On jobs, India behind Pak, Bangla, Afghan…
Over 40 % of Indians aged between 20 and 34 were Not in Education, Employment or Training for period between 2010 and 2018
- Published 18.01.20, 4:05 AM
- Updated 18.01.20, 4:16 AM
- 2 mins read
At least two in every five young Indians are not part of the workforce or have no link with education or any form of training, a UN report has said, putting the country behind Pakistan, Bangladesh, Afghanistan and Sri Lanka on these parameters.
The World Economic Situation and Prospects 2020 report, released here on Friday, said over 40 per cent of Indians aged between 20 and 34 were Not in Education, Employment or Training (NEET) for the period between 2010 and 2018.
The corresponding youth NEET rate — which represents young people outside employment, education or training — was one-third for other South Asian countries like Afghanistan, Bangladesh, Pakistan and Sri Lanka.
Nagesh Kumar, head, UN Economic and Social Commission for Asia and the Pacific, said India needed to focus more on education to make the most of its demographic dividend.
“India is a youthful country. There cannot be a better investment than education,” Kumar told reporters.
Professor Ravi Srivastava, a labour economist, said the NEET category would include those engaged in domestic work and even homemakers.
Srivastava said: “Among those who are outside the labour force, a major population is engaged in domestic duties. The rate of participation in the workforce is high among women in Bangladesh compared with India. Besides, the unemployment rate in India has increased to a very high level because of a lack of job creation. That is why the NEET is high in India.”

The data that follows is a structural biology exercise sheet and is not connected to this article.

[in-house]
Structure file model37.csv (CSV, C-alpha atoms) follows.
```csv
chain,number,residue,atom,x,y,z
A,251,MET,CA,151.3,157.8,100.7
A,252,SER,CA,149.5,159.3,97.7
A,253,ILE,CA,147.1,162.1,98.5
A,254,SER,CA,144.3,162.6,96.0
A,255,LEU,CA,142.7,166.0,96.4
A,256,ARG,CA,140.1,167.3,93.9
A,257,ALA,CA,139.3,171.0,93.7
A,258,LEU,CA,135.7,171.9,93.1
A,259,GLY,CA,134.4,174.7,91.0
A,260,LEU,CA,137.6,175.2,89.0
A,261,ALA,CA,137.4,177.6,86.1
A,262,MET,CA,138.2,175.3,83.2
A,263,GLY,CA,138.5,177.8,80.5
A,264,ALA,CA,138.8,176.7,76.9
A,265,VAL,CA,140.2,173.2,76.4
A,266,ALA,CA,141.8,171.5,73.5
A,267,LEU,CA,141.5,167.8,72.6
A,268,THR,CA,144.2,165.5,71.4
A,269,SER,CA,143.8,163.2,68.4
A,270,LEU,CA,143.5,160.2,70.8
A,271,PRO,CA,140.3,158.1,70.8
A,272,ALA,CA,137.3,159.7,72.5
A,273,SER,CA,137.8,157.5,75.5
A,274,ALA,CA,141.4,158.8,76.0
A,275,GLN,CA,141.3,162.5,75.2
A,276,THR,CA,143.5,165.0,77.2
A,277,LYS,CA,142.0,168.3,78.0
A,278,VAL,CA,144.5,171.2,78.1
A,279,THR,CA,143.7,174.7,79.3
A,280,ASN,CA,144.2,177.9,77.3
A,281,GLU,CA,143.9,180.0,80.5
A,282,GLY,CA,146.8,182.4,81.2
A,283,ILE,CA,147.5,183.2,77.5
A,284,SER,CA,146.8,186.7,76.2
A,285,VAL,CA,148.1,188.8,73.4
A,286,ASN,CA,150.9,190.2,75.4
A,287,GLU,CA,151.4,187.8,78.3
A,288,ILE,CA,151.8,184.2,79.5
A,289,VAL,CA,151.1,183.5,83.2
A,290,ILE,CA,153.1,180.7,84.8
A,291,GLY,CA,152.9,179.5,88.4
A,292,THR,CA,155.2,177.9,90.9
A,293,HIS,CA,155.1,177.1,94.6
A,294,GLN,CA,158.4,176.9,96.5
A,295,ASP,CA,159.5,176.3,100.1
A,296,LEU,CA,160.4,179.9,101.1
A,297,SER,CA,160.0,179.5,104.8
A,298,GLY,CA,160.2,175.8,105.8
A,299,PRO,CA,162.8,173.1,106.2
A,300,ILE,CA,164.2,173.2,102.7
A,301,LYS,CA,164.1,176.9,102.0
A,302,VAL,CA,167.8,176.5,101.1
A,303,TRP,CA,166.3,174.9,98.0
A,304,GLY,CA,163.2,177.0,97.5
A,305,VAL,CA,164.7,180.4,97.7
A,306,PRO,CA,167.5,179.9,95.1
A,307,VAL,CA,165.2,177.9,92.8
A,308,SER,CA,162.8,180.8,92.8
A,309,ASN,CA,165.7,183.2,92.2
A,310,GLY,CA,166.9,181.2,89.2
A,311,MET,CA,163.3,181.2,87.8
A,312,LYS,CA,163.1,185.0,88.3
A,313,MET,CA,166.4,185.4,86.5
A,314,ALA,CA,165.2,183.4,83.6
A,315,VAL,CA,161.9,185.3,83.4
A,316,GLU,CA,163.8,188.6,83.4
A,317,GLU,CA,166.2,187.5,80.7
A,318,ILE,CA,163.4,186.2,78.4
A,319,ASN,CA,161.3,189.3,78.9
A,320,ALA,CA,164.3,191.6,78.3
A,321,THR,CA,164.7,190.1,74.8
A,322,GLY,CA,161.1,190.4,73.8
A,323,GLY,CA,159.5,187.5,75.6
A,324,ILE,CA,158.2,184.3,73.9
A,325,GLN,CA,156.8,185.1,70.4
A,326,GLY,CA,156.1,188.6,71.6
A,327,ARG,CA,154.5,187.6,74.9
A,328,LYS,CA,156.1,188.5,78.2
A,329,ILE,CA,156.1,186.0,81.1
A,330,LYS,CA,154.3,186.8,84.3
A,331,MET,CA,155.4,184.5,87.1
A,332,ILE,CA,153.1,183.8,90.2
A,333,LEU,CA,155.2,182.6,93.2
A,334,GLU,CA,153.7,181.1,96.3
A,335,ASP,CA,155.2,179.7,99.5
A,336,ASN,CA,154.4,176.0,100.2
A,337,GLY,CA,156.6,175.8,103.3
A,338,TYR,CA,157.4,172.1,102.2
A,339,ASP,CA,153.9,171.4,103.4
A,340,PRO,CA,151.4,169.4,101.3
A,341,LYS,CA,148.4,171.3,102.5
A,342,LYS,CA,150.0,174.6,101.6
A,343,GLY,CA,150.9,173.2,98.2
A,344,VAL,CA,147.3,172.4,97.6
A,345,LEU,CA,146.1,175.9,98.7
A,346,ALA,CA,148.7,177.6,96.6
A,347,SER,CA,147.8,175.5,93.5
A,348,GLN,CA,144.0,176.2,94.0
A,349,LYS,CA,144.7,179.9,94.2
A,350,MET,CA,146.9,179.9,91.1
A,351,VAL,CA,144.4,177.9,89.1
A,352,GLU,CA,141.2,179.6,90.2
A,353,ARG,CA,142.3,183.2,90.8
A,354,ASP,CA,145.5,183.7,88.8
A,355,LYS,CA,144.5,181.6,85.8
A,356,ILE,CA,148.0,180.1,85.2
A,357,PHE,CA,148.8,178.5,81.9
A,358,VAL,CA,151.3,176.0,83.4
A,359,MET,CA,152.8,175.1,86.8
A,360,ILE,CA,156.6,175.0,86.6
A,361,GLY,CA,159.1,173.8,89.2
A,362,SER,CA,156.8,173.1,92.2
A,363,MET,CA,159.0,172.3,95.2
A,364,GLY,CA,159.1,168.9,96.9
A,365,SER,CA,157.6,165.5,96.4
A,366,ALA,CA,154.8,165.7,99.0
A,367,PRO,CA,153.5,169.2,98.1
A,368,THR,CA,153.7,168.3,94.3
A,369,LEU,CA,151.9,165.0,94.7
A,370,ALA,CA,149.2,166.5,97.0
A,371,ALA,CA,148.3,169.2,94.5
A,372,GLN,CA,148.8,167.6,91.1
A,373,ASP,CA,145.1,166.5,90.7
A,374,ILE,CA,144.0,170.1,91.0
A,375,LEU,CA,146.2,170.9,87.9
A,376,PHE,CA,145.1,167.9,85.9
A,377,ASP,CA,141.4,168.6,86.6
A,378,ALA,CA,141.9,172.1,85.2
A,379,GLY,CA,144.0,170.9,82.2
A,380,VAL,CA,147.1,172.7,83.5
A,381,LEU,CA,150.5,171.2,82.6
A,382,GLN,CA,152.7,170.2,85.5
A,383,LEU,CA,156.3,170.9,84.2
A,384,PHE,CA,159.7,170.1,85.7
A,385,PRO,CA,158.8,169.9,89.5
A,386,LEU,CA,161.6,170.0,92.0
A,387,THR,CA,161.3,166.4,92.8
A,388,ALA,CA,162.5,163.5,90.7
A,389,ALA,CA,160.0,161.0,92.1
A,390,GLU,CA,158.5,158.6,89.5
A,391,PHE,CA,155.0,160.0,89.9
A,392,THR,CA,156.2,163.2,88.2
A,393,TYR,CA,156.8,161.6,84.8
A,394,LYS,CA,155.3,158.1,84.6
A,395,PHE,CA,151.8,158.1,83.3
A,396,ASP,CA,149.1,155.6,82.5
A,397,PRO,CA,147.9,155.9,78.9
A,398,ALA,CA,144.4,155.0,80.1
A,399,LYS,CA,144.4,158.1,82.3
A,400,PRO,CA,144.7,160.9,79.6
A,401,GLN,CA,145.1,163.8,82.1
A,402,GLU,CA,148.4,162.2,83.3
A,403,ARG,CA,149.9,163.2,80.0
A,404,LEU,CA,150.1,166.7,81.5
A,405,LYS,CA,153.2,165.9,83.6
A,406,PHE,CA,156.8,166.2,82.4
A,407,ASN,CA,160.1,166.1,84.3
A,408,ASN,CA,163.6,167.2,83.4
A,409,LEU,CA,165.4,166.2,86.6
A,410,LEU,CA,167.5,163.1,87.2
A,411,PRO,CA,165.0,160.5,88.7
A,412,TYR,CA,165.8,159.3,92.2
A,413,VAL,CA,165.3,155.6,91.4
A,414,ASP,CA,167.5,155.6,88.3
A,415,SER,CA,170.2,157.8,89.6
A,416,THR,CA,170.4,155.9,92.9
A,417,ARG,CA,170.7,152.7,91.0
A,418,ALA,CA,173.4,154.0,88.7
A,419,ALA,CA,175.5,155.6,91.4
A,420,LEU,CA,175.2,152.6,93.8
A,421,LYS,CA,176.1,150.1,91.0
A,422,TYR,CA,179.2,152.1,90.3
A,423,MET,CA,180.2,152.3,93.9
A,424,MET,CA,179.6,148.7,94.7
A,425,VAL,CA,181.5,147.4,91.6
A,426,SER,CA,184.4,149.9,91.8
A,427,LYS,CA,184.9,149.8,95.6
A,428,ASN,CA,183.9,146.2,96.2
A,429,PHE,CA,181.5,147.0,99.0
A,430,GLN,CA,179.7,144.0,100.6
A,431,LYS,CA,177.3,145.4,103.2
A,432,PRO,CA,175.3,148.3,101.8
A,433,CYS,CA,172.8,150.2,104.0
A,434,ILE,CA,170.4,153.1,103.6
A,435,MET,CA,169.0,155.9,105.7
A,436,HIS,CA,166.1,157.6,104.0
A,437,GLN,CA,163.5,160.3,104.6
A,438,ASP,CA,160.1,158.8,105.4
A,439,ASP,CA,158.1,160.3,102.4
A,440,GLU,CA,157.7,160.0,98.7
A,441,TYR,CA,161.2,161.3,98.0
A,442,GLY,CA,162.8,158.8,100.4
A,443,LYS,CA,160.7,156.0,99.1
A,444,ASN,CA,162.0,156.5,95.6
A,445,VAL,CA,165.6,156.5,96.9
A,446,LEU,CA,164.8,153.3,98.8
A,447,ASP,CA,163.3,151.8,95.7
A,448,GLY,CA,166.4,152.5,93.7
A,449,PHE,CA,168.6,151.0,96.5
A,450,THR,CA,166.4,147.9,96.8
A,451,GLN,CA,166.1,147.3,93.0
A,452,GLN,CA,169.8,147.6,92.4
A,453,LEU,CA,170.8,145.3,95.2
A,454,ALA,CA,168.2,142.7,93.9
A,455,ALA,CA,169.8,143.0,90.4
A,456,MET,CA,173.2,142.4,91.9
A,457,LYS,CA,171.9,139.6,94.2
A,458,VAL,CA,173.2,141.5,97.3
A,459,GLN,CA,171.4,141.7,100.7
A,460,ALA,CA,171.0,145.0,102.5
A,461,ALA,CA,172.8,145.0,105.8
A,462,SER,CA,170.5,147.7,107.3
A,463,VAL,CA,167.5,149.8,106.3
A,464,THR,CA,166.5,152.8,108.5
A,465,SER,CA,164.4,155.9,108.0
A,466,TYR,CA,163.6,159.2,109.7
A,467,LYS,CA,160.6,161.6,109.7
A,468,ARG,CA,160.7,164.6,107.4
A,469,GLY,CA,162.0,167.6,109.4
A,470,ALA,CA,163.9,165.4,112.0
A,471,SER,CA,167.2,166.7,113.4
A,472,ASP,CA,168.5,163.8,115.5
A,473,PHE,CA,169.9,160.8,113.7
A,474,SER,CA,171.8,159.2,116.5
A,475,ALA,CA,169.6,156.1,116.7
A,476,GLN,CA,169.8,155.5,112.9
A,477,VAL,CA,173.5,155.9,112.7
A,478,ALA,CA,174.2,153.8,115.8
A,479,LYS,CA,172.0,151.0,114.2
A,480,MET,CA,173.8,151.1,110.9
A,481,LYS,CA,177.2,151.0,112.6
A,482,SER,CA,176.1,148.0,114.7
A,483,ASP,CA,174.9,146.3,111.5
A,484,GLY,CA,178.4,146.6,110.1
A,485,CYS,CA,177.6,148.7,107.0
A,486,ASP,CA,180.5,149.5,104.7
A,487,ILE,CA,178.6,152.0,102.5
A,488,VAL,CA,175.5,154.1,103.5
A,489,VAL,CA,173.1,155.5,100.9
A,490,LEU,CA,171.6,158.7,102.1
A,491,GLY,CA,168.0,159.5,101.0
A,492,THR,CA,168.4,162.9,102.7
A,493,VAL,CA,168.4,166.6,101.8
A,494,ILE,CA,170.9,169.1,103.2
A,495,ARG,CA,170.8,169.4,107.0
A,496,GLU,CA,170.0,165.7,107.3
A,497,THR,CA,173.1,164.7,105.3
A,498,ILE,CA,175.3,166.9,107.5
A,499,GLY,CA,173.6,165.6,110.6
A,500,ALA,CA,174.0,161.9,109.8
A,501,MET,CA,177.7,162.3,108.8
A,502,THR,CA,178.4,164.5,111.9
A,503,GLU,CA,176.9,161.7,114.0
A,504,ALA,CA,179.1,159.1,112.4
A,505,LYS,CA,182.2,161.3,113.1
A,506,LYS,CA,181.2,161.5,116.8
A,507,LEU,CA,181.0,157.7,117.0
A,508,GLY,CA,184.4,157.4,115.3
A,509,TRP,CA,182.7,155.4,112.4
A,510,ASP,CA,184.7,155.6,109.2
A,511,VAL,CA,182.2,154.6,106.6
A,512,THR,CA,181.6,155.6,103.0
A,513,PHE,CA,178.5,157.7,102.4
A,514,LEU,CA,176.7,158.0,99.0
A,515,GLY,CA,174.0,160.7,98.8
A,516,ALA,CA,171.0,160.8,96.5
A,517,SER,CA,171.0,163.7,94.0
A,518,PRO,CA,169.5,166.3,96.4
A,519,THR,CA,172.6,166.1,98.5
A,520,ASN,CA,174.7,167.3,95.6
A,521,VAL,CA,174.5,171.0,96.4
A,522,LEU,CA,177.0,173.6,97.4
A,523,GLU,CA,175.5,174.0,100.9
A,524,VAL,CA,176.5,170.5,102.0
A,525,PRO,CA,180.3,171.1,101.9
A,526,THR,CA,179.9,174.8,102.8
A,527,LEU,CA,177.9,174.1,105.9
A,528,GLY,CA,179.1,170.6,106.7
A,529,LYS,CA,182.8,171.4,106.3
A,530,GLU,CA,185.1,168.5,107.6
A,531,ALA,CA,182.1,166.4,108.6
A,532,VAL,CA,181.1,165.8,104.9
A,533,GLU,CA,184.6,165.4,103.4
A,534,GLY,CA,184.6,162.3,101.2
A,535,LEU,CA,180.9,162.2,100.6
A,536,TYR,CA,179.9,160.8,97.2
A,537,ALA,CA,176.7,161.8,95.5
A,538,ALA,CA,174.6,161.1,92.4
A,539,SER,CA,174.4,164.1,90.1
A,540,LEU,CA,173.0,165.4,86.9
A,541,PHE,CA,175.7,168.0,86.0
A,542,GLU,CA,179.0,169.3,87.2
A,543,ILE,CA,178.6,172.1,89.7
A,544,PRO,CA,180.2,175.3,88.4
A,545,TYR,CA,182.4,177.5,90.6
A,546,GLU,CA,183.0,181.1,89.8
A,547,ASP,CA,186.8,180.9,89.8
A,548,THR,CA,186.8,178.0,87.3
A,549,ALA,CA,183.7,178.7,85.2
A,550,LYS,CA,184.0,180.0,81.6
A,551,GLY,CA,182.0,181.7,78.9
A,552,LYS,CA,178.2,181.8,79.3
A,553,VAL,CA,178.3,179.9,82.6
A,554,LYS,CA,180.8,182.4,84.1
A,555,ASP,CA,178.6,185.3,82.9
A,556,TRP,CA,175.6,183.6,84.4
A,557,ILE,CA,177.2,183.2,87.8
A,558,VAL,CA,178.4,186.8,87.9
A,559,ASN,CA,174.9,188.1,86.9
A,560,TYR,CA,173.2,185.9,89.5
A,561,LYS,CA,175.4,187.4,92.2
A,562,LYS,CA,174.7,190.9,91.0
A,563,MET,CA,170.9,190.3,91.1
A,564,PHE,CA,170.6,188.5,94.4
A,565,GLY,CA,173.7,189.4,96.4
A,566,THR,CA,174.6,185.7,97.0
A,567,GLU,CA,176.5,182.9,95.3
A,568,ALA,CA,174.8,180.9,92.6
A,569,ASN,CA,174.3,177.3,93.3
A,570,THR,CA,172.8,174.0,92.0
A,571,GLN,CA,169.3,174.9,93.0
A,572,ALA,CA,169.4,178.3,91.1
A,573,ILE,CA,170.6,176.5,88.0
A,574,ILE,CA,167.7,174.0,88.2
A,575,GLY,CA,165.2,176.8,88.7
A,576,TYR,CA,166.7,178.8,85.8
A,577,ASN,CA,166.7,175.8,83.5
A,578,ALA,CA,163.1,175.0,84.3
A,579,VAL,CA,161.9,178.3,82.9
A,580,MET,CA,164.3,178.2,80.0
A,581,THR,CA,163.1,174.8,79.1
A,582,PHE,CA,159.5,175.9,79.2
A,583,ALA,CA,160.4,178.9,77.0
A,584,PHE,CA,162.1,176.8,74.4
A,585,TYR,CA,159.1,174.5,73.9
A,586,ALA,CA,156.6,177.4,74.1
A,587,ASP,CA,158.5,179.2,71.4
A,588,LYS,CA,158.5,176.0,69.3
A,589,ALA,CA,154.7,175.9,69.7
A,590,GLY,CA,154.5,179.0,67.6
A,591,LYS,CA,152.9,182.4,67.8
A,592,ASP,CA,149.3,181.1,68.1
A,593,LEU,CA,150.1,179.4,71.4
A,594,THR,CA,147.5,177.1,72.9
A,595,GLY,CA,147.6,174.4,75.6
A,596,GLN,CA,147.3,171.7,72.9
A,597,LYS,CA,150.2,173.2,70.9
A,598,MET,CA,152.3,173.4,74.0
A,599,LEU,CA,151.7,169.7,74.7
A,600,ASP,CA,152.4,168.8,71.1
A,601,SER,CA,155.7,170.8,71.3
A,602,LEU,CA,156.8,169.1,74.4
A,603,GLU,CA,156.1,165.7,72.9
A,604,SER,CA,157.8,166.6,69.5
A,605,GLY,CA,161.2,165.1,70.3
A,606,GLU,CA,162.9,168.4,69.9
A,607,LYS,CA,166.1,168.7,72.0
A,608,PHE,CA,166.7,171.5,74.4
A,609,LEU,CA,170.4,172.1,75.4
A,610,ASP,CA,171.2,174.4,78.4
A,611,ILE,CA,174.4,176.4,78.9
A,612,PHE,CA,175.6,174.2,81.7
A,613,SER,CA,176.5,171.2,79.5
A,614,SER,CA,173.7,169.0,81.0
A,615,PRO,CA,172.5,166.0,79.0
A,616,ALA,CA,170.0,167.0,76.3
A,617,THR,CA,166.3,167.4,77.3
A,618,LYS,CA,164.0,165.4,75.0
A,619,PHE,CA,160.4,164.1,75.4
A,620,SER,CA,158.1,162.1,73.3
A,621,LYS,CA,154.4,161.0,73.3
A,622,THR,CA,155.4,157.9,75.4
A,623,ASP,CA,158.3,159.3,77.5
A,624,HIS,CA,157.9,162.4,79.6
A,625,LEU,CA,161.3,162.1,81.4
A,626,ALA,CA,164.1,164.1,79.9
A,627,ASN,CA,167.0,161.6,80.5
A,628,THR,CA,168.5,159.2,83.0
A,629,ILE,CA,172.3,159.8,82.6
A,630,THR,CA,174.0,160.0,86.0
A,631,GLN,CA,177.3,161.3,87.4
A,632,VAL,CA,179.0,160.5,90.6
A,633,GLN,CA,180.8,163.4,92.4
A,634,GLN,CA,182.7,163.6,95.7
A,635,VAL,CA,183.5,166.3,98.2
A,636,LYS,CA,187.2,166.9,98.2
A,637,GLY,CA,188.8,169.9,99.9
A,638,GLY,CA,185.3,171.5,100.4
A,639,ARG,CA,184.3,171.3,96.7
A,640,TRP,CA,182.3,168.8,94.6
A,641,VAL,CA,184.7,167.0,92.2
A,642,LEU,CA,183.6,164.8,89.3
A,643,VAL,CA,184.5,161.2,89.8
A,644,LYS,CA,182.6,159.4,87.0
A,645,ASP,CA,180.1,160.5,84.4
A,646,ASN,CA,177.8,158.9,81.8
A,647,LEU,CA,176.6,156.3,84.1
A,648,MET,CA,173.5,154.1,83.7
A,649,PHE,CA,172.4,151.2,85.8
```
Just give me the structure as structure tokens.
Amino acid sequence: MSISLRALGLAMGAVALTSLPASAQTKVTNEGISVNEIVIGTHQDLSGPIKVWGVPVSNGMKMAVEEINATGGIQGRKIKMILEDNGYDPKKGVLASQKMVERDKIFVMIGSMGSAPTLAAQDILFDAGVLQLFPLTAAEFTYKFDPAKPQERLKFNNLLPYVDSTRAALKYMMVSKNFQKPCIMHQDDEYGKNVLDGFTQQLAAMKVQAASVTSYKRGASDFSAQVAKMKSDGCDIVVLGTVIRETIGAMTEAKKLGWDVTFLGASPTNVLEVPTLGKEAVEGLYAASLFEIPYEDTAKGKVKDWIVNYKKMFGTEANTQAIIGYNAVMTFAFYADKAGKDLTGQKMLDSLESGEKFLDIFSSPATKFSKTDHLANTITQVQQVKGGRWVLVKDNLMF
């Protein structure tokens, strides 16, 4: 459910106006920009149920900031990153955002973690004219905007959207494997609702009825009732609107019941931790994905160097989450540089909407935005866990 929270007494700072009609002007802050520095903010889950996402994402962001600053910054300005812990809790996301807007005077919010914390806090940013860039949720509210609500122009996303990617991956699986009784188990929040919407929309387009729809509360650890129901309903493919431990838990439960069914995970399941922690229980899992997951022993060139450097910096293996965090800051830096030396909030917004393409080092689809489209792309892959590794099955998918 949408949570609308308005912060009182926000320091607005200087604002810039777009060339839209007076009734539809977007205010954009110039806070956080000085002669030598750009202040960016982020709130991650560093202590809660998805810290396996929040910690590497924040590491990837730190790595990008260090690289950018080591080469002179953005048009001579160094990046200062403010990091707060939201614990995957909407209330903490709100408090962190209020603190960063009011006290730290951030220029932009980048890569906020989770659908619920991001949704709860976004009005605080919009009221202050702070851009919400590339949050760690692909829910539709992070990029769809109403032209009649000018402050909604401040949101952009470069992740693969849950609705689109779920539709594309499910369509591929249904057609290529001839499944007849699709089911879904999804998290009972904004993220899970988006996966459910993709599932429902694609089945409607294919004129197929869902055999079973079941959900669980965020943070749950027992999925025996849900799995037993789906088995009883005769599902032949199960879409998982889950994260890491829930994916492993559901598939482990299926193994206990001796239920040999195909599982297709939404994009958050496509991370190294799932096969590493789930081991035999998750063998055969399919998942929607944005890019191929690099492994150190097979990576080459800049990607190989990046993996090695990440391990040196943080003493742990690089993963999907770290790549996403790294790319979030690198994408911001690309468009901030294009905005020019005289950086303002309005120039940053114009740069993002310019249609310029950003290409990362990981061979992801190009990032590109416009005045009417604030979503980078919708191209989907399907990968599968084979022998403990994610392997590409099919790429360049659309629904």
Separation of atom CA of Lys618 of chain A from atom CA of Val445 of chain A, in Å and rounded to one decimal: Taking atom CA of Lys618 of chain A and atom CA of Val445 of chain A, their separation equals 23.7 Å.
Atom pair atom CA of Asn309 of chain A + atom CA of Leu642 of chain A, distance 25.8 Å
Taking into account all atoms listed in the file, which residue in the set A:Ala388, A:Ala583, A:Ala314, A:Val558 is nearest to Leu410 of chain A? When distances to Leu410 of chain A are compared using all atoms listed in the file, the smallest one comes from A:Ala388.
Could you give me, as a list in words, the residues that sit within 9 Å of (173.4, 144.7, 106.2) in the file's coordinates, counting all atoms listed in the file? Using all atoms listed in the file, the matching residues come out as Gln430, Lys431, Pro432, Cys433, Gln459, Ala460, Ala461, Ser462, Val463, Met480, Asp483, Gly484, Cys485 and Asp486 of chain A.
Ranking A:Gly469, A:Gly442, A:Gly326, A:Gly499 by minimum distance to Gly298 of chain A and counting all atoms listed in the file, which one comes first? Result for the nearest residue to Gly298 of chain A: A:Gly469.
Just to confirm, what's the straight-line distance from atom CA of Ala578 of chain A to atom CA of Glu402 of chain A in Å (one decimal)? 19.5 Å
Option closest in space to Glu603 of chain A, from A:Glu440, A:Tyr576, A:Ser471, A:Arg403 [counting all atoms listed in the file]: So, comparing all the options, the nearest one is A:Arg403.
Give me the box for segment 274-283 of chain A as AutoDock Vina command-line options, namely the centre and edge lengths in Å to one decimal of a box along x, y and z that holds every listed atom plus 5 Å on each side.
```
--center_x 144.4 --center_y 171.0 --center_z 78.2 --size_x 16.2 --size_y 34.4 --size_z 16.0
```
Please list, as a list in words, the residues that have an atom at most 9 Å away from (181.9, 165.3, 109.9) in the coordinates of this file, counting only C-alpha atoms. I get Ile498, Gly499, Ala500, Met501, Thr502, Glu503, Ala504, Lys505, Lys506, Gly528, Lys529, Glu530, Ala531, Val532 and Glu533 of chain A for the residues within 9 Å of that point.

He said the Periodic Labour Force Survey released by the Centre had found the unemployment rate in India was 6.1 per cent in 2017-18, the highest since 1972-73. While the unemployment rate has increased in India, the world average has declined.
The UN report said the world unemployment rate had fallen to slightly under 5 per cent, about the same level as before the global financial crisis of 2008.
“The decline in global unemployment over the past year is mainly the result of further job gains in major developed economies. In the United States, unemployment fell in 2019 to a 50-year low of 3.6 per cent. Unemployment in Japan stands at 2.2 per cent, its lowest in 27 years,” it said.
The report said that equal access to education would encourage a more level playing field in terms of access to quality jobs and wages.
“The social returns from an educated workforce are substantial and generally include increased productivity and civic engagement and a reduction in crime. This may be supported by upgrading school infrastructure, targeting resources to disadvantaged students and schools, providing early childhood education, and establishing teacher training programmes.”
According to the report, income inequalities increased in India, Bangladesh and Sri Lanka between the early 1990s and the early 2010s, with the top 10 per cent of earners in India receiving 54.2 per cent of the total national income.
The report said girls were substantially less likely than boys to complete their secondary or higher education, and that half the number of girls in South Asia were married off before they turned 18, limiting their prospects for meaningful participation in the labour market.
The report was mainly about GDP projections. Nagesh Kumar said India would grow at a rate of 5.8 to 5.9 per cent in 2020-21.